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Thread: Since we're talking about hand-quilting...

  1. #26
    Super Member maryb119's Avatar
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    I recently finished one that took me 14 months. I was working full time and only worked on it for an hour or so in the evenings. I worked on it more on the weekends but it has a lot of quilting in it. Hand quilting is relaxing to do in the evenings.

  2. #27

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    Question? Is it better to press the seams open if you are going to hand quilt? Is there a time that pressing them open is O.K.

  3. #28
    Senior Member Hinterland's Avatar
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    Quote Originally Posted by great oma
    Question? Is it better to press the seams open if you are going to hand quilt? Is there a time that pressing them open is O.K.
    Some quilters press seams open, so long as the block is machine pieced. For a hand pieced block, the seams are pressed to the side to keep the batting from leaking through. It's supposed to be stronger, too.

    I am working on an applique top, where I machine pieced the background. Because I'm going to hand quilt it I pressed the seams open. I'm hoping it works out okay.

    Janet

  4. #29
    Senior Member Happy Treadler's Avatar
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    Quote Originally Posted by sueisallaboutquilts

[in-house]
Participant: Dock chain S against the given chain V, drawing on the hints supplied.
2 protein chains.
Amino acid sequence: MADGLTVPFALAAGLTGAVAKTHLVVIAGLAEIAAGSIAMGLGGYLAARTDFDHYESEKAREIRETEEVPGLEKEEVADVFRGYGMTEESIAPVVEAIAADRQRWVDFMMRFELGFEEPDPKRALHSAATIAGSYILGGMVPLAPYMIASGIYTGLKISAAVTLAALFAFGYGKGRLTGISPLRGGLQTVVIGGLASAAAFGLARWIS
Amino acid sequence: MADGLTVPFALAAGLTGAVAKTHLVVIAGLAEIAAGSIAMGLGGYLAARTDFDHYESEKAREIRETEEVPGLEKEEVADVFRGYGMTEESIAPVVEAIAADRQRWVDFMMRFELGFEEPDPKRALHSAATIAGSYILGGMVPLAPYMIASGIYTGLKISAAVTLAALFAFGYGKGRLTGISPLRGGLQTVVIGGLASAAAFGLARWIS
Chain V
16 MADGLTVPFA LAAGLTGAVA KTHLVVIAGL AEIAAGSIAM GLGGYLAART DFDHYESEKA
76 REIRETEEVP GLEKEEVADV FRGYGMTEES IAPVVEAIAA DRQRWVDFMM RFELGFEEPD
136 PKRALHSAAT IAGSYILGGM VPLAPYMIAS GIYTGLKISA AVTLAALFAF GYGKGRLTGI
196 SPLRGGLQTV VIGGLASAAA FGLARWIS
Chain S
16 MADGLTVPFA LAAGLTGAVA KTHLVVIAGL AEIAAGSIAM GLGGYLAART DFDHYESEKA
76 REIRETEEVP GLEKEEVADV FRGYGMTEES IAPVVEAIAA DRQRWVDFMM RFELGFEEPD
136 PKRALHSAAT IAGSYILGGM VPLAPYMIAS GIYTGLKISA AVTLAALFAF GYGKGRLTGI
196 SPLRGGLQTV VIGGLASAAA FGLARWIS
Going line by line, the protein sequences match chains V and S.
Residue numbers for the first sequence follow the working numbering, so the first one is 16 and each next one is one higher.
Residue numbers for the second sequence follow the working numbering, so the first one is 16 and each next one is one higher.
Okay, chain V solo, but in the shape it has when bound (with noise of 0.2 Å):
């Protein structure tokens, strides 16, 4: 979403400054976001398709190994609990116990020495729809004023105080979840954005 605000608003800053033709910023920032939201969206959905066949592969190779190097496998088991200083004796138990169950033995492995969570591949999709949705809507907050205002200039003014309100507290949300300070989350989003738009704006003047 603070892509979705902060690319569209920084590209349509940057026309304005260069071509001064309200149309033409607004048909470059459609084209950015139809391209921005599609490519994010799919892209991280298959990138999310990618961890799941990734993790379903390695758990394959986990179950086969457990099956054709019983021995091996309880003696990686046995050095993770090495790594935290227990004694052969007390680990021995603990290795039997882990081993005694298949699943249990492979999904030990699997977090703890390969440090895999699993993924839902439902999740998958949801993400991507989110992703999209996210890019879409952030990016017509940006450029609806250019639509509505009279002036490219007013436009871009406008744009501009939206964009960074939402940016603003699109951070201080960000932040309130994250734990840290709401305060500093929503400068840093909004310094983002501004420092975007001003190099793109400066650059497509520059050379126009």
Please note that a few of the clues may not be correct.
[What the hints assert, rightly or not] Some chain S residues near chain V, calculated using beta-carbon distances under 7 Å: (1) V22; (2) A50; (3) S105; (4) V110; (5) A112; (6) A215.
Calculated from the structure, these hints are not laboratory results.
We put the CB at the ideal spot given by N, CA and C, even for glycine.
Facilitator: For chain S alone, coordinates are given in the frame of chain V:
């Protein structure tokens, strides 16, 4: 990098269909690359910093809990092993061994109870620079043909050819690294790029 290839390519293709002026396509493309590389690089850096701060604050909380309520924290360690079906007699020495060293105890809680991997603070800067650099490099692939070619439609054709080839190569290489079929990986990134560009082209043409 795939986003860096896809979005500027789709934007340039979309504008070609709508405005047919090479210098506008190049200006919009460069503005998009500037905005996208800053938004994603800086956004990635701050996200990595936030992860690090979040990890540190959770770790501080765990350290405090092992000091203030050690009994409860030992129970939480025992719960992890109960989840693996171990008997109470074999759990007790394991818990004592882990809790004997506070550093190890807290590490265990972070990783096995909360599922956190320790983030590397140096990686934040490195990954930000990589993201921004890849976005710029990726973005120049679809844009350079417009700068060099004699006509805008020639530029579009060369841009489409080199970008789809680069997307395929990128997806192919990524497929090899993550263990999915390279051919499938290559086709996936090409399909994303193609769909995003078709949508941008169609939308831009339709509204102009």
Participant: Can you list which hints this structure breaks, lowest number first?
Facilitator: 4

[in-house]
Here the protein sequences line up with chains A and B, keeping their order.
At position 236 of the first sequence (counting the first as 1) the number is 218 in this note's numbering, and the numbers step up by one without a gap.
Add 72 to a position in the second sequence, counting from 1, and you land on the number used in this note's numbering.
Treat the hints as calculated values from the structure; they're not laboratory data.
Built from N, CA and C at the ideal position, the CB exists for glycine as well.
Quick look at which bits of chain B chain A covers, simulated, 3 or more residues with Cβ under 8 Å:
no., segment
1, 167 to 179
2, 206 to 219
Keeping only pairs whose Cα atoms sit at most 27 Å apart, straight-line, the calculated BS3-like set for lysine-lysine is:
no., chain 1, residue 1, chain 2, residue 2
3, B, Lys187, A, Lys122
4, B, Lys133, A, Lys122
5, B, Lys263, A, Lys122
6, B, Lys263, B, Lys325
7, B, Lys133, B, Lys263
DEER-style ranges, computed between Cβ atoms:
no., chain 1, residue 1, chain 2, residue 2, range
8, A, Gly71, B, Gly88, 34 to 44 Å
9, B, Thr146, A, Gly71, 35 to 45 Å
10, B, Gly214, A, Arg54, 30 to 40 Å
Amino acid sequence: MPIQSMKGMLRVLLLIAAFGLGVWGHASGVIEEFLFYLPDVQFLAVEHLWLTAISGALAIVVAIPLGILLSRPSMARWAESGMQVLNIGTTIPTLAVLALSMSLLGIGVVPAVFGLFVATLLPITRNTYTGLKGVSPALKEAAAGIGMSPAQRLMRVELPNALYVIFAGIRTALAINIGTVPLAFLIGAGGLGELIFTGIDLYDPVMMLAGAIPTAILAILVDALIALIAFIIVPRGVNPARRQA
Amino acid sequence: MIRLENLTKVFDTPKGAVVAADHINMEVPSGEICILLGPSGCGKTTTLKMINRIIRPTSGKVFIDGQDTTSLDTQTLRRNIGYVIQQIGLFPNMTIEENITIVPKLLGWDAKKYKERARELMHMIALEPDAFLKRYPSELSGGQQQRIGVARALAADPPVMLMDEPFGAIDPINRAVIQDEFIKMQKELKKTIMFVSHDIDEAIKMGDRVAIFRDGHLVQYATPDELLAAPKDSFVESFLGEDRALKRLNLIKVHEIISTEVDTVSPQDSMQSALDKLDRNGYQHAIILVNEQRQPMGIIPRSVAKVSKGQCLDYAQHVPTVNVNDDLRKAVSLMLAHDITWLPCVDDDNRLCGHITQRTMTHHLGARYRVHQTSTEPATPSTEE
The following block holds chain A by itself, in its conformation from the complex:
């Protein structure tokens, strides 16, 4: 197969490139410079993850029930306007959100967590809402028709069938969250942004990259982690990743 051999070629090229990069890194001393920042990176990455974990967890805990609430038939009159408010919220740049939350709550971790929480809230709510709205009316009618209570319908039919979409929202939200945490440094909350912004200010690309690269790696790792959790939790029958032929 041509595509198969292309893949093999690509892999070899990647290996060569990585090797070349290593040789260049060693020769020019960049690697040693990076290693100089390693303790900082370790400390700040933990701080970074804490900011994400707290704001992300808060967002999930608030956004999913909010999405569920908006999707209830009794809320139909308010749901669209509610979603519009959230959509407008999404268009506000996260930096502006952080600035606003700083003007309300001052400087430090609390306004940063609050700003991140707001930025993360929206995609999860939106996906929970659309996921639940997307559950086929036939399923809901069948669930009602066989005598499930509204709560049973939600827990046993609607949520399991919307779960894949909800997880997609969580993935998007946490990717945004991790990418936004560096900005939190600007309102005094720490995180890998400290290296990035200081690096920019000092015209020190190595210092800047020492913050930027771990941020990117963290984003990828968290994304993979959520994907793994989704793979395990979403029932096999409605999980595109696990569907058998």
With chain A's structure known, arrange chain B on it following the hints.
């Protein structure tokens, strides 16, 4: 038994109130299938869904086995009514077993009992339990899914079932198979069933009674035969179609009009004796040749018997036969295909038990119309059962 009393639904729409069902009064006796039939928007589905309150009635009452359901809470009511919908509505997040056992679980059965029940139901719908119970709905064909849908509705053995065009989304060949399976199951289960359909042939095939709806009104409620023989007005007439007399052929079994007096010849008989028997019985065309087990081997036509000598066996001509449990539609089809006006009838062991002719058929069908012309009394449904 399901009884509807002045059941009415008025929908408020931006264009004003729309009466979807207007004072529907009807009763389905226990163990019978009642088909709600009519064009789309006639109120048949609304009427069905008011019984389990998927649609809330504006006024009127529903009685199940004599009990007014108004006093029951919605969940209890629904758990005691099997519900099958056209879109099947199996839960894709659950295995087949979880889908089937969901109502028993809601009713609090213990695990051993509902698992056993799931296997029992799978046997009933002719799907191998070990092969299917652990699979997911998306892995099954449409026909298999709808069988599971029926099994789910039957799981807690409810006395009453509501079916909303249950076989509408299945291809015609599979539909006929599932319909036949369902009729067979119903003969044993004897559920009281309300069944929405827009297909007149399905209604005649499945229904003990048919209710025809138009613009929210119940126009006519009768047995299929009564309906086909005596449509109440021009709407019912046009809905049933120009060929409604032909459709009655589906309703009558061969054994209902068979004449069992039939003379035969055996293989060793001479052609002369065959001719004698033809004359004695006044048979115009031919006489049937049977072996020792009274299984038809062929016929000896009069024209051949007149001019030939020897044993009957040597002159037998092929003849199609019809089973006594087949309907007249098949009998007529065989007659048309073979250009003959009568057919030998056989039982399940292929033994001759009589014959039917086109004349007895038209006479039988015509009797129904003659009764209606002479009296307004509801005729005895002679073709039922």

Quote Originally Posted by Hinterland
    Quote Originally Posted by Pennylane
    But I am not sure if you trace the whole quilting pattern on the fabric at once or in small sections as you quilt.
    I usually mark the section I'm working on as I go - otherwise the chalk marks disappear.
    Same here, and yes, practice will make all the difference!
    Enjoy it, that's what I love about it- so relaxing~
    I learned that marking as you go works much better, too, by trial & error. I marked a whole quilt & as I worked on it the lines started disappearing. I found I can actually use the bottom of my lap quilt hoop (flat wood) as a 'table' to mark the blocks as I work on them. Works great!

    Trina

  5. #30
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    Well, I must admit that I hand sew the top and the backing (for my wholecloths) and I press the seams open. It is easier to quilt through and the seams don't stand out so much. I have never had any problems with the batting leaking through. The seam line is crossed so many times with the hand quilting that I am not afraid the seam won't be strong enough.

  6. #31
    Senior Member Hinterland's Avatar
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    But Andrea, your stitches are so small it's almost like machine sewing. :)

    Janet

  7. #32
    Super Member KarenBarnes's Avatar
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    I think it depends on the size of the quilt and how many other WIP you have! I'm working on a super king that has been put aside for 5 years. No marking involved but time consuming. Really would like to finish it on my new quilter but feel it wouldn't look right to combine types of stitching on this quilt. This quilt has become a priority so I don't begin to hate it and not want to use it!

  8. #33
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    Quote Originally Posted by Hinterland
    But Andrea, your stitches are so small it's almost like machine sewing. :)

    Janet
    You may be right! I try to make my sewing stitches as small as my quilting stitches...

    :wink:

  9. #34
    Super Member Leota's Avatar